We scuffed through the deep trash on uninhabited Red Sea beaches and wept. We sailed garbage patches in the Indian Ocean, counting the left and right thongs to prevent ourselves from weeping. We didn't even see the worst example of all - the North Pacific Gyre, but Ian Kiernan sailed through it, and researcher Charles Moore has been studying it for 10 years. Now a Canadian teenager has found a potential solution to the world's monstrous plastic problem.
Trash Patches in the North Pacific - twice the size of Texas
In every ocean there are gyres, ocean vortices caused by the rotation of the earth. The North Pacific Gyre contains the world's worst example of pollution. Here there is a vast floating soup of plastic bags and other goods which has collected over many years because the circular current and lack of wind drives floating debris into its centre.
In addition to this swirling vortex of trash - twice the size of Texas - the UN Environment Program estimates that there are 46,000 pieces of plastic litter in every square mile of ocean.
According to science based website The Daily Galaxy, Plastic bags, once icons of customer convenience, cost more than 1.6 billion barrels of oil per year and leave the environment to foot the bill. Each year the world produces 500 billion bags, and they take up to 1,000 years to decompose. Apart from taking up space in landfills, and littering our streets and parks, they pollute the last great symbol of freedom and cleanliness, the oceans, and kill the wildlife within. Recently we sailed across the Pacific Ocean loosely connected with around 50 other boats, most of them fishing. We all noted the same thing - no wildlife, no fish.
Marine researcher Charles Moore at the Algalita Marina Research Foundation in Long Beach says there’s no practical fix for the problem of the North Pacific trash patch. He has been studying the massive patch for the past 10 years, and said the debris is to the point where it would be nearly impossible to extract.
'Any attempt to remove that much plastic from the oceans - it boggles the mind,' Moore said from Hawaii, where his crew is docked. 'There's just too much, and the ocean is just too big.'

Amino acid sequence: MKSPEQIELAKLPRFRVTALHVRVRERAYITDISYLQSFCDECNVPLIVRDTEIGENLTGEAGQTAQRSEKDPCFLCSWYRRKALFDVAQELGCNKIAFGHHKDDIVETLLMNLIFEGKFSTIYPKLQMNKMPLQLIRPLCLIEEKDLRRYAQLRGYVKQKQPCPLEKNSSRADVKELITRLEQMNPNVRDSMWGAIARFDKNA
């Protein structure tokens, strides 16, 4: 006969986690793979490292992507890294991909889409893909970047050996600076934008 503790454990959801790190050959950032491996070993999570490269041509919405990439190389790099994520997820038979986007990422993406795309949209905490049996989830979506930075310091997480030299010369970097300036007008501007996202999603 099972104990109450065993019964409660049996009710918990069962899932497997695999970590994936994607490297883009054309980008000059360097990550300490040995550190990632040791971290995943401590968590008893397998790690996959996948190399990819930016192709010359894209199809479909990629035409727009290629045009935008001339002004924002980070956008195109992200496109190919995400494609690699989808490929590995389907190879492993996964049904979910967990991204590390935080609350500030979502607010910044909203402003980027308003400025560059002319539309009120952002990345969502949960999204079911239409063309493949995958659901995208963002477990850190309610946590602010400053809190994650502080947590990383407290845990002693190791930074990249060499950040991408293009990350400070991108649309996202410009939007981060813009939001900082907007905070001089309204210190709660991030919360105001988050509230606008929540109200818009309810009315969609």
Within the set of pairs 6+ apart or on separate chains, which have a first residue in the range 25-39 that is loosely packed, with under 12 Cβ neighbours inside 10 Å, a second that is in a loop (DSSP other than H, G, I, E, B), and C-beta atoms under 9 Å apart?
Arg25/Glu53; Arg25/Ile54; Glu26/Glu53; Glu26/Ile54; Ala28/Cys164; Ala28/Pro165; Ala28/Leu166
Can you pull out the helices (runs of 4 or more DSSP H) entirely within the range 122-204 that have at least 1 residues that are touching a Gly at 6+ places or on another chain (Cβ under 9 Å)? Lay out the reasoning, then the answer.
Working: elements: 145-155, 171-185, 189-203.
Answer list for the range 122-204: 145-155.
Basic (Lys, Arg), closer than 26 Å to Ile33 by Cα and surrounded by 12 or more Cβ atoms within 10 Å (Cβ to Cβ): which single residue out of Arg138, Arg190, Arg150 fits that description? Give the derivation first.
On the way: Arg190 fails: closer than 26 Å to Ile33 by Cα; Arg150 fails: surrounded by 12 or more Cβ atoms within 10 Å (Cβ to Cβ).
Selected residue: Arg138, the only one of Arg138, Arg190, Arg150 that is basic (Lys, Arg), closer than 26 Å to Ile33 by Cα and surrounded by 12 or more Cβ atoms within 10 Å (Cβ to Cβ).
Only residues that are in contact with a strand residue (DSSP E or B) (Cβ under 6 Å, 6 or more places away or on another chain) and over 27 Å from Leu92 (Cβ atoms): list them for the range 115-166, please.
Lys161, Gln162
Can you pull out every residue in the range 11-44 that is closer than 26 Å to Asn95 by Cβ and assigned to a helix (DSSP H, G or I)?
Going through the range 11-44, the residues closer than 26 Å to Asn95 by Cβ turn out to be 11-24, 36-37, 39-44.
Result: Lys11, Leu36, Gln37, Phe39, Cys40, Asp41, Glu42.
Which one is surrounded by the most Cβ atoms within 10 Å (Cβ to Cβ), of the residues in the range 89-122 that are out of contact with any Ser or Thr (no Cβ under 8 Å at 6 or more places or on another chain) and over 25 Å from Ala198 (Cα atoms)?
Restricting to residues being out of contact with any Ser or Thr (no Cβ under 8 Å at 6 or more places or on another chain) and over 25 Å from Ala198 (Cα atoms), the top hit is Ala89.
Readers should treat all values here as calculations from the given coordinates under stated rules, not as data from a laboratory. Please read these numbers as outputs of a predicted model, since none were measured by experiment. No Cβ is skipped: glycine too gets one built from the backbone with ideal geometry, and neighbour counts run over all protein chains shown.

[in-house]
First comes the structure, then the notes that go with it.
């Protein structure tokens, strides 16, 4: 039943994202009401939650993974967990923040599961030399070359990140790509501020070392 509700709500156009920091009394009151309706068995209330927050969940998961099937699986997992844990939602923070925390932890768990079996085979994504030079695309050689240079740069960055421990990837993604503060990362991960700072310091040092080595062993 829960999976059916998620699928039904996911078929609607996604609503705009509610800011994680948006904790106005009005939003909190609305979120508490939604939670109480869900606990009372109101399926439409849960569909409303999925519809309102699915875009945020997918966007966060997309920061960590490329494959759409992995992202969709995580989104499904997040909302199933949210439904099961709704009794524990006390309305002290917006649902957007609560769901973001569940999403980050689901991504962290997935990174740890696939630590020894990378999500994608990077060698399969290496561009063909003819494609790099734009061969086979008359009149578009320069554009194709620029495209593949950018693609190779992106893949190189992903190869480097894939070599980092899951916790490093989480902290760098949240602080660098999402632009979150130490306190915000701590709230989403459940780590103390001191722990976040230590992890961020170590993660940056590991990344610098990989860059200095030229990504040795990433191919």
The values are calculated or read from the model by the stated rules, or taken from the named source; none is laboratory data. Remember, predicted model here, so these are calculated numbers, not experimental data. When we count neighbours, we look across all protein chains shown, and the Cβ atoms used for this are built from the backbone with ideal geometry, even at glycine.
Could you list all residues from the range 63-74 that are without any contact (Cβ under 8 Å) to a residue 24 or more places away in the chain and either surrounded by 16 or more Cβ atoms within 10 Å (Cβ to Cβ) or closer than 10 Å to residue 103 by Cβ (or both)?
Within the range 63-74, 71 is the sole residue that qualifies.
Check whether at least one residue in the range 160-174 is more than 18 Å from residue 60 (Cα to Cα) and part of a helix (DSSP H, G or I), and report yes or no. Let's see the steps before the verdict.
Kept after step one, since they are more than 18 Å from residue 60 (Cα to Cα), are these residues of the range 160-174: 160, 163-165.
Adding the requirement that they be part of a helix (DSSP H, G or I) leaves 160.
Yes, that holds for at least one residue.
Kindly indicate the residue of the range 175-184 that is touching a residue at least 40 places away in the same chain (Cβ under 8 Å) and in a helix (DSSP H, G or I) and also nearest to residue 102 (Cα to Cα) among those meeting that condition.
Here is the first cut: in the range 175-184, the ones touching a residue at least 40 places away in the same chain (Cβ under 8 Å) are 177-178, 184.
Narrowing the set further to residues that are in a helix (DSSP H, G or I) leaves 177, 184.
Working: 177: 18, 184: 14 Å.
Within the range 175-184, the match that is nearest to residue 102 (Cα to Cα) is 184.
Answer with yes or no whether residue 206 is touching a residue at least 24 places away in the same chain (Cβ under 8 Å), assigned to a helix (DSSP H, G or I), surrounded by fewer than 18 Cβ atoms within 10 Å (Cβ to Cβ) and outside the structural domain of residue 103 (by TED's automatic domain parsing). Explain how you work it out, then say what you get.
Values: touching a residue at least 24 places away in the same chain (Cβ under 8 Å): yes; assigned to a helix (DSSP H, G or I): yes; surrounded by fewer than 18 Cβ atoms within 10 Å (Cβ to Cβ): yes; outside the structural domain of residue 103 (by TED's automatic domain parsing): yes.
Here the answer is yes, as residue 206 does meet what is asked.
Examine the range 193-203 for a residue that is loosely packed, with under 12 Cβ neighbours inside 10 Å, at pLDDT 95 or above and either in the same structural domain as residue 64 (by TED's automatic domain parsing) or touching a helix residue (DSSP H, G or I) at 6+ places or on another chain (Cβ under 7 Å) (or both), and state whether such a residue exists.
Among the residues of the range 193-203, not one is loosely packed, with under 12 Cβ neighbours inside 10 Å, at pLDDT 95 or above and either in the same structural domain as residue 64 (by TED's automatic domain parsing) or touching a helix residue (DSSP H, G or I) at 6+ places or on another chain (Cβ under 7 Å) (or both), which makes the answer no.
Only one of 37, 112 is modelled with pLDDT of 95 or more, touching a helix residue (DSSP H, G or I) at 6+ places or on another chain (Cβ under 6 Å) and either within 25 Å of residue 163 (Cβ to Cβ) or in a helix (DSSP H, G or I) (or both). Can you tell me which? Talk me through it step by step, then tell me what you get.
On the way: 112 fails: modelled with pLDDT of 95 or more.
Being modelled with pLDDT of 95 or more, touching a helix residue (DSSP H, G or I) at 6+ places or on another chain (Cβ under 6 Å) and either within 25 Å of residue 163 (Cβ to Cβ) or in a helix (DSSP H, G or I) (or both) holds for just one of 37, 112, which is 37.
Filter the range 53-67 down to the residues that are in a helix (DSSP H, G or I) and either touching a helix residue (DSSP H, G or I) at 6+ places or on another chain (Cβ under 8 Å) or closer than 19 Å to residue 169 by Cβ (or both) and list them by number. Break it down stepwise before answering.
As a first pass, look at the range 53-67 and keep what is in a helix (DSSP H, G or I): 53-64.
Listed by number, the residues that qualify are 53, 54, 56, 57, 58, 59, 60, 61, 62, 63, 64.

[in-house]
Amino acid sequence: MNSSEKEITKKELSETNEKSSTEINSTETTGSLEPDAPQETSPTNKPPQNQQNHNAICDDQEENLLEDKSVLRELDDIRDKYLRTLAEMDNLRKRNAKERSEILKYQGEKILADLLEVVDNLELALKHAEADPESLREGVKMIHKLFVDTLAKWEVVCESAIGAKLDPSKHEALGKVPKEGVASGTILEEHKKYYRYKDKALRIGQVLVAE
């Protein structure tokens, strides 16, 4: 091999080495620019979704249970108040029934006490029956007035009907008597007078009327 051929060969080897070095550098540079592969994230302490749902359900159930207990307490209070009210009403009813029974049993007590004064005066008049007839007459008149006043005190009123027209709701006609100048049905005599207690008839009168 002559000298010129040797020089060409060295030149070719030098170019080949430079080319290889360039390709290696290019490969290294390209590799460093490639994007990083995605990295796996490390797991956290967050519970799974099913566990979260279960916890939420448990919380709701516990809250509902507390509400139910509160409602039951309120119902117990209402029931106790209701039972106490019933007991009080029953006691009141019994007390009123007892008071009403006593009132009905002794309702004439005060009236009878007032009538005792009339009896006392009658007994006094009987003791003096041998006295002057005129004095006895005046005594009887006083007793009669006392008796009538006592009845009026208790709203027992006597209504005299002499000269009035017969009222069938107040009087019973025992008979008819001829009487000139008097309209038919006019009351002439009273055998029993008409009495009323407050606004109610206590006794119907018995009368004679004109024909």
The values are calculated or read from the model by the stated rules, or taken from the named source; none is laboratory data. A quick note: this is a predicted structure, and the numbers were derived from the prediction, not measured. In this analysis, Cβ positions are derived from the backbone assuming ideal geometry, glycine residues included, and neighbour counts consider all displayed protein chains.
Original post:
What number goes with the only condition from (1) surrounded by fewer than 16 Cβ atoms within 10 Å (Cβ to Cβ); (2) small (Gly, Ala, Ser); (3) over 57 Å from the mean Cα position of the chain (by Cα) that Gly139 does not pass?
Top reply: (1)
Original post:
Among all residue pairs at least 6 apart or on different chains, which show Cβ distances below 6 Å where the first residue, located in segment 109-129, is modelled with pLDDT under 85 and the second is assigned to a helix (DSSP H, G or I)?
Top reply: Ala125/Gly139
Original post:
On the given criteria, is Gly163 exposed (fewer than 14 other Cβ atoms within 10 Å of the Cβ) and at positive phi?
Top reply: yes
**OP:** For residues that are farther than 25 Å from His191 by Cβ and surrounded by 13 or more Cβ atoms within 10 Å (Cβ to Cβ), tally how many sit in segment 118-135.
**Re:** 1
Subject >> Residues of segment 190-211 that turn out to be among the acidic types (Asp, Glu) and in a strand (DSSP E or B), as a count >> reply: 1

Ian Kiernan, the Australian founder of Clean Up the World, started his environmental campaign two decades ago after being shocked by the incredible amount of rubbish he saw on an around-the-world solo yacht race. He says he’ll never be able the wipe the atrocious site from his memory.
'It was just filled with things like furniture, fridges, plastic containers, cigarette lighters, plastic bottles, light globes, televisions and fishing nets,' Kiernan says. 'It's all so durable it floats. It's just a major problem.'
Then along comes Daniel Burd.
This Canadian teenager has found a way to make plastic bags degrade faster -- in three months, he figures. Burd recently won the top prize at the Canada-Wide Science Fair in Ottawa. He came back with a long list of awards, including a $10,000 prize, a $20,000 scholarship, and recognition that he has found a practical way to help the environment.
Burd’s discovery isolated two strains of bacteria (Sphingomonas and Pseudomonas) that work together to consume polyethelene plastic at record rates, yielding a culture that rendered plastic bags 43% decomposed after six weeks, with the only outputs being water and an infinitesimal amount of carbon dioxide. The system is cheap, energy efficient, and easily scalable for industrial applications. “All you need,' Burd says 'is a fermenter . . . your growth medium, your microbes and your plastic bags.'
Burd's discovery will not, by itself, solve the whirling vortexes of plastic garbage in the North Pacific, but with an infrastructure in place to harness Burd's innovation, there's hope to prevent future damage to the planet.
Now we need some international cooperation to solve the problem of the Trash Patch of the North Pacific Gyre
Source: The Daily Galaxy